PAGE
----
Making Babies the IUI Way

From the evolutionary point of view, the impetus for procreation is deeply imbedded in our DNA that it will seek expression in a variety of ways. But in some couples, this natural desire is impeded by faulty human anatomy or failure of the regulating glands to produce reproductive hormones.

There are of course ways to get around unwanted childlessness. Medical professionals call it ART or assisted reproductive technology.

For intrepid couples who want to circumvent their natural impediments, there are several options they can explore. Intrauterine insemination (IUI) is the first step in that ladder.

In the past when ART was not easily accessible to couples because the technology did not yet arise, alternative therapies, like fertility enhancement herbs, acupuncture and fertility massage, were usually recommended to infertile couples. Now, childless couples can benefit from IUI, although the rate of success varies from case to case and highly dependent on a multitude of factors.

Intrauterine insemination is the most ‘natural’ of all ARTs. It is highly recommended for couples who may suffer from any one or a combination of the following.

The female spouse has irregular or absent menses. Unpredictability of menses leads to ovulation problems.

The female spouse has acidic cervical canal. Sperm can survive up to 5 days in a conducive environment.

The female spouse has obstructed Fallopian tubes. Even though she has healthy ovaries producing healthy eggs, if her ‘tubes’ are blocked, she will have difficulty conceiving. One unobstructed tube is sufficient for IUI to be performed.

The male spouse has erectile dysfunction or impotence problems. ED problems can range from retrograde ejaculation (sperm flow back up into the bladder instead of its natural pathway) or premature ejaculation (ejaculate is not deposited into the uterine cavity).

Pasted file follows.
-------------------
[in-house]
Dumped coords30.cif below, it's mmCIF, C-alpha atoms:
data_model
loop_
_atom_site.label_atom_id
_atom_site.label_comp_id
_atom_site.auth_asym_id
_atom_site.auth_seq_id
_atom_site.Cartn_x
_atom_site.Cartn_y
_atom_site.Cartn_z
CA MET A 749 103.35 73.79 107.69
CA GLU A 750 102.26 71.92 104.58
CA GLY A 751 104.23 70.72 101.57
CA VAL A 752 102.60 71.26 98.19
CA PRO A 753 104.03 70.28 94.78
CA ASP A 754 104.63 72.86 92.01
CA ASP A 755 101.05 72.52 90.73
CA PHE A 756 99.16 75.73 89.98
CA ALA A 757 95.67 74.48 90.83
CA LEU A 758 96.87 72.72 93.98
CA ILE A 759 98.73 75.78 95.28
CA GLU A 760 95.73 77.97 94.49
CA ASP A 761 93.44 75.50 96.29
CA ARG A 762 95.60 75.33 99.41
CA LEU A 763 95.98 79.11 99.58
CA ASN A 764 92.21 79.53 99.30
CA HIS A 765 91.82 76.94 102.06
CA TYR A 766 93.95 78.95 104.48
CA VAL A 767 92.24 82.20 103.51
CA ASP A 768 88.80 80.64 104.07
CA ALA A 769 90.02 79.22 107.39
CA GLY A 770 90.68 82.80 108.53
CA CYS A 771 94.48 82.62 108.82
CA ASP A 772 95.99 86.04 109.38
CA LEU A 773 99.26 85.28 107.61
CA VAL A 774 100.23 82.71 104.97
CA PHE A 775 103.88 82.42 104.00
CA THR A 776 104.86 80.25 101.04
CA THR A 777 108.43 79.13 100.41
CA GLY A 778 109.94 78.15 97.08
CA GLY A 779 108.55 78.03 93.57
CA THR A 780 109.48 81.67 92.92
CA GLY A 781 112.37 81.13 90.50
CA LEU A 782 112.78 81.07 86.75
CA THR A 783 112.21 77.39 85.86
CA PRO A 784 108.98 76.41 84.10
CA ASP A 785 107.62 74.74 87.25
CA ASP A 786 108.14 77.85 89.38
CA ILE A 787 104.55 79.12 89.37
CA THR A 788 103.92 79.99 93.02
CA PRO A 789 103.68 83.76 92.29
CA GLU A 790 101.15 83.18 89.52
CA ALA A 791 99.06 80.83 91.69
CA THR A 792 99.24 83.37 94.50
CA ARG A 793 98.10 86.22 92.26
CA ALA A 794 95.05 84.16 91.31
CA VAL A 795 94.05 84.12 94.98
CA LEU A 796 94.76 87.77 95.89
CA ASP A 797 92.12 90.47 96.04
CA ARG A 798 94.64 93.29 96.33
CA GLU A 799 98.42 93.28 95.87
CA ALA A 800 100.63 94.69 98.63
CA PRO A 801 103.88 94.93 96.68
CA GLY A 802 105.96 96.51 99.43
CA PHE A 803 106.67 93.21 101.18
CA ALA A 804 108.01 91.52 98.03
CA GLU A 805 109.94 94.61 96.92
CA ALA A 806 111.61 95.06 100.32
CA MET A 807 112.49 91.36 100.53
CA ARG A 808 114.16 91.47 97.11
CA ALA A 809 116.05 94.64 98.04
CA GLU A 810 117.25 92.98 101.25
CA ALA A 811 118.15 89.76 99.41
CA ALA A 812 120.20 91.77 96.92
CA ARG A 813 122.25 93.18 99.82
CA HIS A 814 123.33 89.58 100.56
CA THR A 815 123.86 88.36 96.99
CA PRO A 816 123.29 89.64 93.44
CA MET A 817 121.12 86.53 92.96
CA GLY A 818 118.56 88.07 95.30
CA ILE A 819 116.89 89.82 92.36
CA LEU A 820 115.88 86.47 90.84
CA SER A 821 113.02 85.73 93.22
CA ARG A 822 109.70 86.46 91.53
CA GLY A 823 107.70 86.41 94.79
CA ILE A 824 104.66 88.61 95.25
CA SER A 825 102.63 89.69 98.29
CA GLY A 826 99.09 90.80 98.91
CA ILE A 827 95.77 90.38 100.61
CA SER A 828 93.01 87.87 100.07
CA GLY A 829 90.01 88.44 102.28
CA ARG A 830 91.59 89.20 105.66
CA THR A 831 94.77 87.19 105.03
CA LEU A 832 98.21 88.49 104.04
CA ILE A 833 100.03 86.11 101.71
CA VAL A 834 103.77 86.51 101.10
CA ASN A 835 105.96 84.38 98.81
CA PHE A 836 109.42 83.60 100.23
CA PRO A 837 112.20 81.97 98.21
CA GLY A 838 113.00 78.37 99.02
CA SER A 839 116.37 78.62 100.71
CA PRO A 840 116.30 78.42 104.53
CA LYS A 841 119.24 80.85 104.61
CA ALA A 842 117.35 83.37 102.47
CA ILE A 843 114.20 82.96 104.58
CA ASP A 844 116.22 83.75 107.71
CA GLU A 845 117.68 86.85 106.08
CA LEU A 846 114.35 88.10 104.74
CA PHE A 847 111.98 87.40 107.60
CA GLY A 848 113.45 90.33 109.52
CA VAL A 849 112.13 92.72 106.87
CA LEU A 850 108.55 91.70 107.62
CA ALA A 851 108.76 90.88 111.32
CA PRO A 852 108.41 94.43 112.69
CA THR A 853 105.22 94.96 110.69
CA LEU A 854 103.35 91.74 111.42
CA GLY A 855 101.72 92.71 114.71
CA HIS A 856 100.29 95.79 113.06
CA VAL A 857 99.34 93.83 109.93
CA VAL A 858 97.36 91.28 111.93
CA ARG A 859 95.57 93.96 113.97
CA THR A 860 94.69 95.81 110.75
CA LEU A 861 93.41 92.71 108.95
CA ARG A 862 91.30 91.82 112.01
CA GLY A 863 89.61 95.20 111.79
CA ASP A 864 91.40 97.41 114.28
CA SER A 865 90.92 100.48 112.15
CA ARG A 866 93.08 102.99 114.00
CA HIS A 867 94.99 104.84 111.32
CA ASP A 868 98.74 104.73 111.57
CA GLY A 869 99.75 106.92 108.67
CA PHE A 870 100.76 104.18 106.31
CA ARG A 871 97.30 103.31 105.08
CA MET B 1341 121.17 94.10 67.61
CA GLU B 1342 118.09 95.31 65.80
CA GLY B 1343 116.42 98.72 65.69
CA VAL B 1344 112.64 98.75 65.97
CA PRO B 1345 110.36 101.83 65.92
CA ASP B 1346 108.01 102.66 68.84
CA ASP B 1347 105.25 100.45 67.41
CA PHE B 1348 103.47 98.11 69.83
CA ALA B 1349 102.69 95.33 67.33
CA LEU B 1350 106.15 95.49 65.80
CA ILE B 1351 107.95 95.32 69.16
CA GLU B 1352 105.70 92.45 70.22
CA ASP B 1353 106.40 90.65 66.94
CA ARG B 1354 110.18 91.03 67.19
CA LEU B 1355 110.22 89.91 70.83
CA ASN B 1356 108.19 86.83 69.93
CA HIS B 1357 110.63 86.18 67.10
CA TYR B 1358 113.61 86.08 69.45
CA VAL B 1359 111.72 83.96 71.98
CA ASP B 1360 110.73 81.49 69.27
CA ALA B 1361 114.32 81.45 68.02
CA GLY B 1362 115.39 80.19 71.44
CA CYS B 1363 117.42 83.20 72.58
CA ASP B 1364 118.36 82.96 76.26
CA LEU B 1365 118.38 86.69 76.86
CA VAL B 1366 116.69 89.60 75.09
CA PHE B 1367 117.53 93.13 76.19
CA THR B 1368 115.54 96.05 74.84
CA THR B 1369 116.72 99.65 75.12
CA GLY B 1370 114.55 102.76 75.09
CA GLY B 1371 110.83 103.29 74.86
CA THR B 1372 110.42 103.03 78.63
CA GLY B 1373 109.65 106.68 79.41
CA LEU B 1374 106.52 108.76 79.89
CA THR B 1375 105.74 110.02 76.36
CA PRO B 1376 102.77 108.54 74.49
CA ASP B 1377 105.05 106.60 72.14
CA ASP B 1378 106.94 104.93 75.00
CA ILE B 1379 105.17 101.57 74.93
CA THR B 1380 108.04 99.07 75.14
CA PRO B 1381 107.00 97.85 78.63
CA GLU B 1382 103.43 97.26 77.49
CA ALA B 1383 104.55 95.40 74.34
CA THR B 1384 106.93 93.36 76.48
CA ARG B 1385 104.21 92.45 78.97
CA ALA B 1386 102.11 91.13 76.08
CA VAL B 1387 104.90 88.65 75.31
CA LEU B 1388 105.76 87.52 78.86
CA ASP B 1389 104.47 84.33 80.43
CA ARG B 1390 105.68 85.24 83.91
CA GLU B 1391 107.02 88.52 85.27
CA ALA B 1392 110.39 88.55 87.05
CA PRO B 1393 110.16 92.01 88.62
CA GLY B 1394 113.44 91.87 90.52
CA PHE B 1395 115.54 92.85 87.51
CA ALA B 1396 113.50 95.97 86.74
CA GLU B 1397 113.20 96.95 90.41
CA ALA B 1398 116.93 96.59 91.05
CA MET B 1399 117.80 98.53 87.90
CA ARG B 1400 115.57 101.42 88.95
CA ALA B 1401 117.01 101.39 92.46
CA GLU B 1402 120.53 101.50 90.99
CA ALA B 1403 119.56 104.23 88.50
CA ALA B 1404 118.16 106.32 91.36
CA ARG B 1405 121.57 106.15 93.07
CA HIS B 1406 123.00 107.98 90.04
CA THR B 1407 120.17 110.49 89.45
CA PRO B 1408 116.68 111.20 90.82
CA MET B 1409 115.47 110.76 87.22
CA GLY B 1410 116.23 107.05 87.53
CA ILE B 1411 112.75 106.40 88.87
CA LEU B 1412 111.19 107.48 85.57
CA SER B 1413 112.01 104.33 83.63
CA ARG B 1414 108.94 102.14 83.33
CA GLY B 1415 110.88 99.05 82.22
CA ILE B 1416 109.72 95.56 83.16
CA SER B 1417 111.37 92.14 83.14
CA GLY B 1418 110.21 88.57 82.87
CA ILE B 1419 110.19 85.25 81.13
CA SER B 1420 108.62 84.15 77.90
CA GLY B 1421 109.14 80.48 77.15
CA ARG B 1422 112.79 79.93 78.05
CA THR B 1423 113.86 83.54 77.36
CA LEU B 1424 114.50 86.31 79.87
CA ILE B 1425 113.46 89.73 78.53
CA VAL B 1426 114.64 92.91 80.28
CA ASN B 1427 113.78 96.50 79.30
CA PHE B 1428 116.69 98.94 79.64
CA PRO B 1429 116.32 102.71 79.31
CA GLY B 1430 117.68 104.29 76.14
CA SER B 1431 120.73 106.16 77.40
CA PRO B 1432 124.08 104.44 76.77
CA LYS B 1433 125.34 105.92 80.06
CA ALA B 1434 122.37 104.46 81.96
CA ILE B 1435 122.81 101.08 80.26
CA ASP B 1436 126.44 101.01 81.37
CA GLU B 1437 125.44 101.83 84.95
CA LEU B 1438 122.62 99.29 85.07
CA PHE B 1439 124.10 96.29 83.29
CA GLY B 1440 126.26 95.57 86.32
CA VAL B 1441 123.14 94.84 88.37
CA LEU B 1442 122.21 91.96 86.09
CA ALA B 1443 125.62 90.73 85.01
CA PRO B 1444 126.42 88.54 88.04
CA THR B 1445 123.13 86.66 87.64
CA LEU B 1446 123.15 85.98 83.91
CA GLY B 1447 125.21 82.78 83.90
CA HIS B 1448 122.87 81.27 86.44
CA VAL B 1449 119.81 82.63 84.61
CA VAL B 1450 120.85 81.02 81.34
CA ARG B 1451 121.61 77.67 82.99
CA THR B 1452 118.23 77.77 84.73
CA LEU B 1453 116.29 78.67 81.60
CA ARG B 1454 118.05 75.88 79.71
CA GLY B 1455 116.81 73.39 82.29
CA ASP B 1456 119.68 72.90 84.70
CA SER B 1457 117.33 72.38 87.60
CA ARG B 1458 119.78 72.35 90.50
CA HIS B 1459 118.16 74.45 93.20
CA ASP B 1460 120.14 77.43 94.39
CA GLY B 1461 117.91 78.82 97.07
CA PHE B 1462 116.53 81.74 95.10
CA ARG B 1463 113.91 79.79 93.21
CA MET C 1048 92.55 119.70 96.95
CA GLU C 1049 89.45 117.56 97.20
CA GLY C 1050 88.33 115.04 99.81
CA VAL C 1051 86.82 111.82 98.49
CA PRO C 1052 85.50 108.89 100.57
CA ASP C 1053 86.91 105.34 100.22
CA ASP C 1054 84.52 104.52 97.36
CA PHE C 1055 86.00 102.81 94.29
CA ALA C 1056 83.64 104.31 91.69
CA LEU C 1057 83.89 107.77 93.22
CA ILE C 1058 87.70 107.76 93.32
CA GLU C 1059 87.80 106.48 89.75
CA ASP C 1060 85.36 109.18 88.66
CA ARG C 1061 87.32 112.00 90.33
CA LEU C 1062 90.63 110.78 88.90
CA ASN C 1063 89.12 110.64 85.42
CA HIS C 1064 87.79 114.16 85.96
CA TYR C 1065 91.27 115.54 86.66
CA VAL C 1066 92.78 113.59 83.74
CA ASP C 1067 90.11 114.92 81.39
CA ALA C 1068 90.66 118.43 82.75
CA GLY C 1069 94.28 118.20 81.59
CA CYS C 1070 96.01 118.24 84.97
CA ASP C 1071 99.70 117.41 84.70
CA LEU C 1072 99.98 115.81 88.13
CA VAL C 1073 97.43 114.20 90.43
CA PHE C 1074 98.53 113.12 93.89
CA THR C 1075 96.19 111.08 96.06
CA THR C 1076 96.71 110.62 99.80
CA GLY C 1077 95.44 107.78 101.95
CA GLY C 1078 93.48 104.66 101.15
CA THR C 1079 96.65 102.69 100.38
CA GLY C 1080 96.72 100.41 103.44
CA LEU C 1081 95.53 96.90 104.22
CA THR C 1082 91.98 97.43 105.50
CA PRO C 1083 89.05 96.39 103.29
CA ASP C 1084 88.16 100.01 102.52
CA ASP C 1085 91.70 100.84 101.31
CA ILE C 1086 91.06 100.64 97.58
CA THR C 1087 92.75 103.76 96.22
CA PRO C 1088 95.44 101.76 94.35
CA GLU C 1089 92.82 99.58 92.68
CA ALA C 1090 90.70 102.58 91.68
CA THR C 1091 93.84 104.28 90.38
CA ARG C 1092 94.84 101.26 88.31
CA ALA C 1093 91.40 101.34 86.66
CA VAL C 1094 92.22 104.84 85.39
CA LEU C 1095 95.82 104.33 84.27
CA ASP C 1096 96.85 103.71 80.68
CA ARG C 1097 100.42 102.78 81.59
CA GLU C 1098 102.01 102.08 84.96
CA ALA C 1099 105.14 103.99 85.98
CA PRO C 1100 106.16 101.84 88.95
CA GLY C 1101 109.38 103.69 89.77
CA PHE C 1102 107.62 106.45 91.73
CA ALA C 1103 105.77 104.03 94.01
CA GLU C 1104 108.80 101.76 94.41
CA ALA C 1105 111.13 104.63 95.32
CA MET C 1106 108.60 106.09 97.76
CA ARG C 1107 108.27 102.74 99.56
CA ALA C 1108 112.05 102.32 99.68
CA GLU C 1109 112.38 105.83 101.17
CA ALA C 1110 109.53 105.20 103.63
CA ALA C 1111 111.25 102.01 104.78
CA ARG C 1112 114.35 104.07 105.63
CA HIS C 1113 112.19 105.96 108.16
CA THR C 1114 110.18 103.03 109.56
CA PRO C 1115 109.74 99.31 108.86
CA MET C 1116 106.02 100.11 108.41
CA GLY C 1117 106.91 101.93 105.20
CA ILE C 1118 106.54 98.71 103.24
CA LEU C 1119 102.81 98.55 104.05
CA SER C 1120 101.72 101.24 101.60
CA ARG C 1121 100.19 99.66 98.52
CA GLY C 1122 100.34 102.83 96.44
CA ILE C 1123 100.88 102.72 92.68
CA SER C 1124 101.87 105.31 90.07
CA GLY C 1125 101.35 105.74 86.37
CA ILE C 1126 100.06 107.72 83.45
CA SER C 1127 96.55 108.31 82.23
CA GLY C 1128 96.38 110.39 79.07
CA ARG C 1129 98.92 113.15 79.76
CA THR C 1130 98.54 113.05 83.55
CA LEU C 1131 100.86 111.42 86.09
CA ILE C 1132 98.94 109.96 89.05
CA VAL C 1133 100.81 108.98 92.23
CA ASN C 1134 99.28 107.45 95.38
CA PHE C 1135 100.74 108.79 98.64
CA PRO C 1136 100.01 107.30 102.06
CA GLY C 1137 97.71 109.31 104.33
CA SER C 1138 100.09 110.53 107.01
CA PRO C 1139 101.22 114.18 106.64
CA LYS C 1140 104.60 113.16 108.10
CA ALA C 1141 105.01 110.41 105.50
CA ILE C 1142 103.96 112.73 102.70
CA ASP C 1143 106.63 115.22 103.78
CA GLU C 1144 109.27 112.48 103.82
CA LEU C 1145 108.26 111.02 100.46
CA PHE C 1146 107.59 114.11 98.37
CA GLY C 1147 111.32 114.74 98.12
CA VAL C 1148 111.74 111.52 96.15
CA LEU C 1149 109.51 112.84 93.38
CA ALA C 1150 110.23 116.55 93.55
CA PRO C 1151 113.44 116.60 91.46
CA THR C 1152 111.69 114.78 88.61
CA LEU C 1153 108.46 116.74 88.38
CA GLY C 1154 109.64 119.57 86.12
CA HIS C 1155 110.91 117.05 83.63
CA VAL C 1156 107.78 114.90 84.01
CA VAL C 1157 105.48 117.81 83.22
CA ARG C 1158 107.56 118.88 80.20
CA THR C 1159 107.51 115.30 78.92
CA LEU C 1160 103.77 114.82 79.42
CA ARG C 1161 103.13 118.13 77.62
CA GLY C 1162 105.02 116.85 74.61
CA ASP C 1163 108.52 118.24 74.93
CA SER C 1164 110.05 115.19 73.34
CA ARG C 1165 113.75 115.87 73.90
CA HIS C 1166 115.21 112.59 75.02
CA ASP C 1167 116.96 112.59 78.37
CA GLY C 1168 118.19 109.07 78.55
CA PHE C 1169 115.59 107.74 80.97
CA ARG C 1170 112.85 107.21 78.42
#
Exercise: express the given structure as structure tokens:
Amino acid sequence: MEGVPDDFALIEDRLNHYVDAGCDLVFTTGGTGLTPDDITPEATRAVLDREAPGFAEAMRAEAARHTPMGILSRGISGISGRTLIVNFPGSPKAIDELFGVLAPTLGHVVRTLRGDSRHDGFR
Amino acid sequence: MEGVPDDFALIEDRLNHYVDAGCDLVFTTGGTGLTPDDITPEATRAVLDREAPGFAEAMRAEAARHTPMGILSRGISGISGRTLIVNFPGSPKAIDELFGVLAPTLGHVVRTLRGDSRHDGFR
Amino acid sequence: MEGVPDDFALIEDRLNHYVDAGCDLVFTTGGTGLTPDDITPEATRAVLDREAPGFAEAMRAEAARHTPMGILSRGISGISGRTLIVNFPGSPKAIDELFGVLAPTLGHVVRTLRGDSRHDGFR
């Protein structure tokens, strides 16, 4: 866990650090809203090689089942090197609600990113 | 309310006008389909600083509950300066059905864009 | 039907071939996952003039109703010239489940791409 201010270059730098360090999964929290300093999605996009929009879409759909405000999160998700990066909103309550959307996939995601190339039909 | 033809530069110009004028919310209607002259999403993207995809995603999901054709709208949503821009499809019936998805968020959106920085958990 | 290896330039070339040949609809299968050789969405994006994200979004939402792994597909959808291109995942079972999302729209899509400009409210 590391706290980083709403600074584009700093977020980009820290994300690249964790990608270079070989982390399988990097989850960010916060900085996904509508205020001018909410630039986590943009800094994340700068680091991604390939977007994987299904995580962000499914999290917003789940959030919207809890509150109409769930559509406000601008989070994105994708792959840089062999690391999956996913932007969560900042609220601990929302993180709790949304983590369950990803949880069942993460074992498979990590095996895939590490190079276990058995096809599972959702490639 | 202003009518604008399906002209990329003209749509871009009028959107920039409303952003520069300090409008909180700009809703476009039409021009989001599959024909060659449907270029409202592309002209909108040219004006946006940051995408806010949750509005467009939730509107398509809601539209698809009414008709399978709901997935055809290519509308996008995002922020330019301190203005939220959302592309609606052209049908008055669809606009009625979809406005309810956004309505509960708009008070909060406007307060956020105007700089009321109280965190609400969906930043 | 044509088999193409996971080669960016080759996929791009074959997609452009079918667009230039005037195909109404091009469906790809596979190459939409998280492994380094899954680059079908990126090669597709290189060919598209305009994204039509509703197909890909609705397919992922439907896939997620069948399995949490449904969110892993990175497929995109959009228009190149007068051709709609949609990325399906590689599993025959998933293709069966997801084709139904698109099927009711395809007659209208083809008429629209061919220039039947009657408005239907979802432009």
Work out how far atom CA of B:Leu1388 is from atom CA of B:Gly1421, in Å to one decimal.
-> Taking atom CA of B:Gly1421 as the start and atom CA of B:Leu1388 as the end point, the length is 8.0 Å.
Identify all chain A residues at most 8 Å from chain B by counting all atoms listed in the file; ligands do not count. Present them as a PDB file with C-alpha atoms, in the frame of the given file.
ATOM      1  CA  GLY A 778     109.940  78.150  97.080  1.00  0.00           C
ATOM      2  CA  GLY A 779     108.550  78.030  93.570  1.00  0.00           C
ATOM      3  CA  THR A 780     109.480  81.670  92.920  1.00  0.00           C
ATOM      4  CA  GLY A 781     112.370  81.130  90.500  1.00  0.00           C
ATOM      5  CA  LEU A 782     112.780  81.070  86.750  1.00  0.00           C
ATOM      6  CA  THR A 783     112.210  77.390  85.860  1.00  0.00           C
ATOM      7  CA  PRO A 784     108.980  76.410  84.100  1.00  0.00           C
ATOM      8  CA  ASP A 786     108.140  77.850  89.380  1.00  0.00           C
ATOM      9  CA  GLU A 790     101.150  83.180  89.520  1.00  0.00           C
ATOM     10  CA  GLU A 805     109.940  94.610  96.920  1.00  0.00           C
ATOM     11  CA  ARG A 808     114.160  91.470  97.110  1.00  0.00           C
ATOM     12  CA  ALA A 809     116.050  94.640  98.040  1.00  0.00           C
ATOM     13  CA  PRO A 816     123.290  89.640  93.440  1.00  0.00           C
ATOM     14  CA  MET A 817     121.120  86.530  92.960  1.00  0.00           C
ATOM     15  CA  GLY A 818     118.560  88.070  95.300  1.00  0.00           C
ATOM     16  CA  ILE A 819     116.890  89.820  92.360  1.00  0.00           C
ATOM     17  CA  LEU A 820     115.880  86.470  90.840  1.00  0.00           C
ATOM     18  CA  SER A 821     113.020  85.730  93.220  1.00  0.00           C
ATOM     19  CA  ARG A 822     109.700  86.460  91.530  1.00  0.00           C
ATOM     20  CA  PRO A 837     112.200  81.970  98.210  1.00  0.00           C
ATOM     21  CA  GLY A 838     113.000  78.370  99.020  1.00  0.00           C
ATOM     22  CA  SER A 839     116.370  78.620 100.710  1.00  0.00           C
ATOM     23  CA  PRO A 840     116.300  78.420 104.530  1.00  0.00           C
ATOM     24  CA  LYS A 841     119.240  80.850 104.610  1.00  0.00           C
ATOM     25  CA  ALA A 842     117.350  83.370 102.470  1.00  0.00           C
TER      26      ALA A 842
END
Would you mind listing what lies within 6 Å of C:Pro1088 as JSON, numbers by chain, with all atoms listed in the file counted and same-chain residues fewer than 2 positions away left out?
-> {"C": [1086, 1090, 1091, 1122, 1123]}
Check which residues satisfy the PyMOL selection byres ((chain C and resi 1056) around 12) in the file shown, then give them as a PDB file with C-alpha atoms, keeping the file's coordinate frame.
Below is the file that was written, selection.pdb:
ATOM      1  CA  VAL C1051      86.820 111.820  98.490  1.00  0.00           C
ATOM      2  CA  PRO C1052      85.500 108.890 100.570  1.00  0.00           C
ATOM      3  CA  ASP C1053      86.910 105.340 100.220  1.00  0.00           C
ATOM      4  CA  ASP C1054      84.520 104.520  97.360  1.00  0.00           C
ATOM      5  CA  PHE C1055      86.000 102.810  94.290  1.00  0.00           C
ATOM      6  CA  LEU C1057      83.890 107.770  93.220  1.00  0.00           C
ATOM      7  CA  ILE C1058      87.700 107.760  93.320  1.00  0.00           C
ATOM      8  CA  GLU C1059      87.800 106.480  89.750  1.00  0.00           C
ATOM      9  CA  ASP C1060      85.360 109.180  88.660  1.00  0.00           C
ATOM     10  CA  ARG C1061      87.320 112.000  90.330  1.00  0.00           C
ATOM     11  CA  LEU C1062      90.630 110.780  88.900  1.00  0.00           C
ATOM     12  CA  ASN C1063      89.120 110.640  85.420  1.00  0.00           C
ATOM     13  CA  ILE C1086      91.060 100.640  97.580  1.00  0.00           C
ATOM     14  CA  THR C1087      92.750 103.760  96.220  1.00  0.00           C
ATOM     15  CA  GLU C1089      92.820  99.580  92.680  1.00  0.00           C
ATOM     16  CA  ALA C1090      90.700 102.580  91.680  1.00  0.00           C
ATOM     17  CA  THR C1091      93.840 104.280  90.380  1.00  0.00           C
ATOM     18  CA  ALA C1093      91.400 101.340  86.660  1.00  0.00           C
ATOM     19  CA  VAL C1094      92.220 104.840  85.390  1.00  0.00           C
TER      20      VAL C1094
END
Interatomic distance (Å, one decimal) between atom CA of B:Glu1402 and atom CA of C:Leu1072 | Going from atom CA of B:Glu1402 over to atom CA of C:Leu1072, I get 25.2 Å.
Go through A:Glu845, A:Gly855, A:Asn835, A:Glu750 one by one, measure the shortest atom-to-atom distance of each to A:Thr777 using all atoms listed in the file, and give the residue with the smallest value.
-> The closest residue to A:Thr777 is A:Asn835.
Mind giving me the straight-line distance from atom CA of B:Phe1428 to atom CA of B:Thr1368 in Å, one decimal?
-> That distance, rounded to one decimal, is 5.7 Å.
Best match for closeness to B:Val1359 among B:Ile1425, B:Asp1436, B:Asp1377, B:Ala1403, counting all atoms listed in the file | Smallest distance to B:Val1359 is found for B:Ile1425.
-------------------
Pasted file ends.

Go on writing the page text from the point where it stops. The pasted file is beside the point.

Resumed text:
The male spouse has issues with sperm count or motility. Hundreds of millions of sperm are released in a healthy ejaculation, but the sperm count in male with ED or similar problems is significantly lower (only tens of millions).

Either one of the spouse has medical issues aside from infertility.

Both spouses have unexplained infertility despite being physically healthy.

In IUI, these problems are directly addressed or bypassed altogether. For example, if the wife has problems ovulating, she could be prescribed with fertility medicines like clomid. If the husband has low sperm motility, his specimen is ‘washed’ so only the most mobile sperm are introduced into the womb. ‘Washing’ entails putting the sperm in a medium and letting them swim up to a certain layer. The sperm that makes it in that stratum are removed and introduced into the uterine cavity.

The actual IUI procedure is not invasive relative to other ART techniques. Insemination with a syringe is simply a substitute of how conception is naturally done. The insemination is performed to bypass the acidic cervical environment and to introduce the sperm to the embryo as close as possible. In other words, IUI is simply a clinical way to do it.

So what should couples expect during the actual IUI procedure?

For the male, he is asked to produce a sample on the day of the actual insemination. This specimen is then washed and set aside for the actual insemination later.

For the female, she may have to choose between non-medicated or medicated cycle. In the former, it is usually the male spouse who has fertility issues; in the latter, it is her reproductive cycles that impede the natural conception process.

For medicated cycles, she will be given clomid or metformin to be taken for five days, after which her follicles are measured for maturity. Once the follicles are mature, the sperm are introduced within 36 hours to coincide with the ovary’s release of the eggs.

She may then leave the clinic afterwards, with instruction to follow up with ‘natural’ insemination within the day.

The success rate of IUI is highly dependent on the woman’s age (the older the woman the lower the rate of success), on her health, and on the severity of her infertility problem. To a significant extent, the success rate is also influenced by the male’s sperm performance.

Couples may have to undergo up to six IUI cycles to achieve results. On healthy couples, there is 15% chance of conception on every cycle performed. This means that on the sixth cycle, couples can expect to achieve up to 90% success rate.

Should the IUI cycle remain unproductive, couples may discuss with their reproductive endocrinologists other forms of intervention. In vitro fertilization (IVF) is one such alternative.